While Pettersen is no stranger to paddling, he said he only entered the kayaking world about a year and a half ago and found it is a way to enjoy nature at almost any age. “It’s easy to paddle a kayak,” said Pettersen. “I find it quite comfortable to do.”
Pettersen is quite an adventurer and took on a challenge that most only dream about. After retirement, Pettersen said he and his wife sailed around the world.
Nowadays, Pettersen’s interest has turned from the waves of blue water to the calm of backwater. “I have no need to see any more saltwater,” said Pettersen. “What I really like is you get in these backwaters and it is like water skiing in the morning when the water is perfectly flat,” said Pettersen.
Armed with the stealth of a kayak and the ability to go where other watercraft can’t, Pettersen said he gets to see a side of the Coast that many miss. “We’ve been in places as small as Franklin Creek. It’s really cool and clear and there is no way for a powerboat to get in there,” said Petterson. “There is just an enormous amount of beauty in this area.”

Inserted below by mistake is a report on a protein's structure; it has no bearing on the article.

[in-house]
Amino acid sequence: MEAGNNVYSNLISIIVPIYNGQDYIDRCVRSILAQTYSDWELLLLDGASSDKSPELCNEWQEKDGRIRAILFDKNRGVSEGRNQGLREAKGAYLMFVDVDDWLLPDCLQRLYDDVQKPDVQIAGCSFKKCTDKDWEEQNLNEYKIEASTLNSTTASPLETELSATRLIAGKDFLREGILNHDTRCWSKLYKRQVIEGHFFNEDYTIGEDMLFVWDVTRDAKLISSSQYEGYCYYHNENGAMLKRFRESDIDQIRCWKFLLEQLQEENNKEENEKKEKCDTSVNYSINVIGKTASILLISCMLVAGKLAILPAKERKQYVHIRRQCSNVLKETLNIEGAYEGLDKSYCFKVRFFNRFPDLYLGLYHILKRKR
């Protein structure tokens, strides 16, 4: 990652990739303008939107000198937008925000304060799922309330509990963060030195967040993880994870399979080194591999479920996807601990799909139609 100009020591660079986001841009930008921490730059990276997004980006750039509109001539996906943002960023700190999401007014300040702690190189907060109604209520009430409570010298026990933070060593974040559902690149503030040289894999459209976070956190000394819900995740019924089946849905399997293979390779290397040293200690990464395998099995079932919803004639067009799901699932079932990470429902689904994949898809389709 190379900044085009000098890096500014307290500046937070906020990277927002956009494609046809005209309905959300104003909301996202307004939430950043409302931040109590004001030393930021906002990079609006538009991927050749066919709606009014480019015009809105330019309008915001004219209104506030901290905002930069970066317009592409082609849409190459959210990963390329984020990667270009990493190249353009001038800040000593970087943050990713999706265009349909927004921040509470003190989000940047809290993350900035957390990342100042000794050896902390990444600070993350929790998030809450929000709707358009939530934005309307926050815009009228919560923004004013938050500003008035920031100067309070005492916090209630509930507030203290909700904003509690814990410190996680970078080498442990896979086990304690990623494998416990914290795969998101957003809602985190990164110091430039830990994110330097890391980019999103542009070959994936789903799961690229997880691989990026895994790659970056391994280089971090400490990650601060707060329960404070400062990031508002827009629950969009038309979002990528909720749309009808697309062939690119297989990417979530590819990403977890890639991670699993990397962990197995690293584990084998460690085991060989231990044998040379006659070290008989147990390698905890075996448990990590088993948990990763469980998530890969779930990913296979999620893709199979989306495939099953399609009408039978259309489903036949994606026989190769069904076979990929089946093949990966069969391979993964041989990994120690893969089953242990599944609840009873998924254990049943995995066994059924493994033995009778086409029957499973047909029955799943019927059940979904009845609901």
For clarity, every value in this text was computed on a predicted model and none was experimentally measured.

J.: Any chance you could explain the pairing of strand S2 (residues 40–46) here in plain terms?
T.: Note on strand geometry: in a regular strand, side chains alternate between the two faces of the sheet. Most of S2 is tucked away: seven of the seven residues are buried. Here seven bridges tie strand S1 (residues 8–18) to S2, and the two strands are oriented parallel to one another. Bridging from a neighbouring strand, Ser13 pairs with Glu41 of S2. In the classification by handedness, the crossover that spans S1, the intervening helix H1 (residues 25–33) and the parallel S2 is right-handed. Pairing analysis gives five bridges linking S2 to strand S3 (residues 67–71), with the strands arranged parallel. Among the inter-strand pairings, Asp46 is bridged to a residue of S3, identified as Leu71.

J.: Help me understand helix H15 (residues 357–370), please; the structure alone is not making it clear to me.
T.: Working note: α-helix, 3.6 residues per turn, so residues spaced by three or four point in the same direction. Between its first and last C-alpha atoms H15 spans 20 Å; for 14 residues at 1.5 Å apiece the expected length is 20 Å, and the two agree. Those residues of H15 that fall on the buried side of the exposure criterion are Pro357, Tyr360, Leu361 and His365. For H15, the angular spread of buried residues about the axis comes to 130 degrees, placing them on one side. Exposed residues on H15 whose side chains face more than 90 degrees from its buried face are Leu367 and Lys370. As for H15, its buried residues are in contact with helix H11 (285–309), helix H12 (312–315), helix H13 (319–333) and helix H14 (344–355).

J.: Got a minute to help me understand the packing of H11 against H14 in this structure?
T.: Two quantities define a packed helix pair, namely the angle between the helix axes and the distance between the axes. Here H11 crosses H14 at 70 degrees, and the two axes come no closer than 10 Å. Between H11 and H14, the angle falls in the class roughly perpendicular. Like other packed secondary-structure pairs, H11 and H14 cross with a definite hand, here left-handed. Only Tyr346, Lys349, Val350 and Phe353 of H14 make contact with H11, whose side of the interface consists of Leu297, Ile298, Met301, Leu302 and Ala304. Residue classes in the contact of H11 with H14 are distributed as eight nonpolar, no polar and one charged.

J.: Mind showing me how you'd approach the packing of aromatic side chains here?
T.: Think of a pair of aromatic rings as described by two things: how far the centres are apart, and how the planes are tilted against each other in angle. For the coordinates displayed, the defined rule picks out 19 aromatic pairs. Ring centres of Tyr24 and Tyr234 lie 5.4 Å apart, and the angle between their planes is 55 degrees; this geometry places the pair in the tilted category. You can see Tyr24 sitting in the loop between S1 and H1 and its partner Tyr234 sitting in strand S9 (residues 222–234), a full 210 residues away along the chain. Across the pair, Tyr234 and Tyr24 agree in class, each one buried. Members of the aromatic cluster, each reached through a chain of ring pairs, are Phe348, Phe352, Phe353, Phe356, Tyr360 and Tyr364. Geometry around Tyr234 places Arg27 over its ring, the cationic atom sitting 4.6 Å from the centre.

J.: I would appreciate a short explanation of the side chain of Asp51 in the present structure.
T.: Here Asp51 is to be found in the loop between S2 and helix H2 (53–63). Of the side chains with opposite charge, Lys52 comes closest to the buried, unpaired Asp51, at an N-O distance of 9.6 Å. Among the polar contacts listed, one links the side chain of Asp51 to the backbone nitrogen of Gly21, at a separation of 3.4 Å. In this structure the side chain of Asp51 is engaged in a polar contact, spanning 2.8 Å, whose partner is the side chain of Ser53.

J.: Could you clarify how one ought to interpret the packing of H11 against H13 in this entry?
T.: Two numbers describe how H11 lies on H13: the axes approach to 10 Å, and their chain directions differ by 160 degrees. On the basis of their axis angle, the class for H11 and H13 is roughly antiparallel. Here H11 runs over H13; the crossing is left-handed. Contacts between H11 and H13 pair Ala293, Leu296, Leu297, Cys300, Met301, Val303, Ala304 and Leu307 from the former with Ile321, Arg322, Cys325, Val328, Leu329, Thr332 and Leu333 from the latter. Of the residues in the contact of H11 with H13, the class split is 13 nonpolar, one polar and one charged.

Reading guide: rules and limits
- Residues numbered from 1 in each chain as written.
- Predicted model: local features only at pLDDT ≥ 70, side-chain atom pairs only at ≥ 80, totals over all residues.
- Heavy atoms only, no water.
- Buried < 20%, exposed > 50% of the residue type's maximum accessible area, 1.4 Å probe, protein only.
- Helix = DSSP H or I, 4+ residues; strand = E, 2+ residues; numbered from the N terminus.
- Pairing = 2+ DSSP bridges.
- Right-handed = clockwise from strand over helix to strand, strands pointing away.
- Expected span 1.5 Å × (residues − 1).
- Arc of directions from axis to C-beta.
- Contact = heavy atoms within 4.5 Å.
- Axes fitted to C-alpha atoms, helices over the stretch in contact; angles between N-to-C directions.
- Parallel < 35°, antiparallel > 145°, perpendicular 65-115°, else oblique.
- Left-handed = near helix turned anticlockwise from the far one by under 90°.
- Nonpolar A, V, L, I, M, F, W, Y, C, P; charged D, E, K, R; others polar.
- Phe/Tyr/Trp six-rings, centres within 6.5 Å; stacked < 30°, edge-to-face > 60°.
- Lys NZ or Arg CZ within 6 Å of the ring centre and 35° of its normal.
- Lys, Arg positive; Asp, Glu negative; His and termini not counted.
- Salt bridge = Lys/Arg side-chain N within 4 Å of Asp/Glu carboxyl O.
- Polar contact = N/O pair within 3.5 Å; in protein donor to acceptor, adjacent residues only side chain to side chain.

Scott Williams of Prentiss said he enjoys kayaking anywhere, but paddling in the Sound is his preference. Given his resume of paddling accomplishments, this comes as no surprise.
Williams said he has kayaked in Canada, down the Mississippi River and hopped from island to island in the Caribbean. Closer to home, Williams has covered countless miles on the Coast while kayaking in both fresh and saltwater. So many miles, he authored the book Exploring Coastal Mississippi.
“The saltwater environment, I like it because of the marine life you see,” said Williams. “You see dolphins, a lot of times they’ll come right alongside the boat.”
While many boaters see dolphins, it is different when you are sitting at water-level. “It’s a lot closer contact,” said Williams. In addition to dolphins, Williams said he sees sharks, stingrays, and coastal birds.
Marine life encounters of the close-up kind aren’t the only reason Williams prefers saltwater. “I also like it because I can go as far as I want,” said Williams. “You can paddle the Coast to Florida if you want.”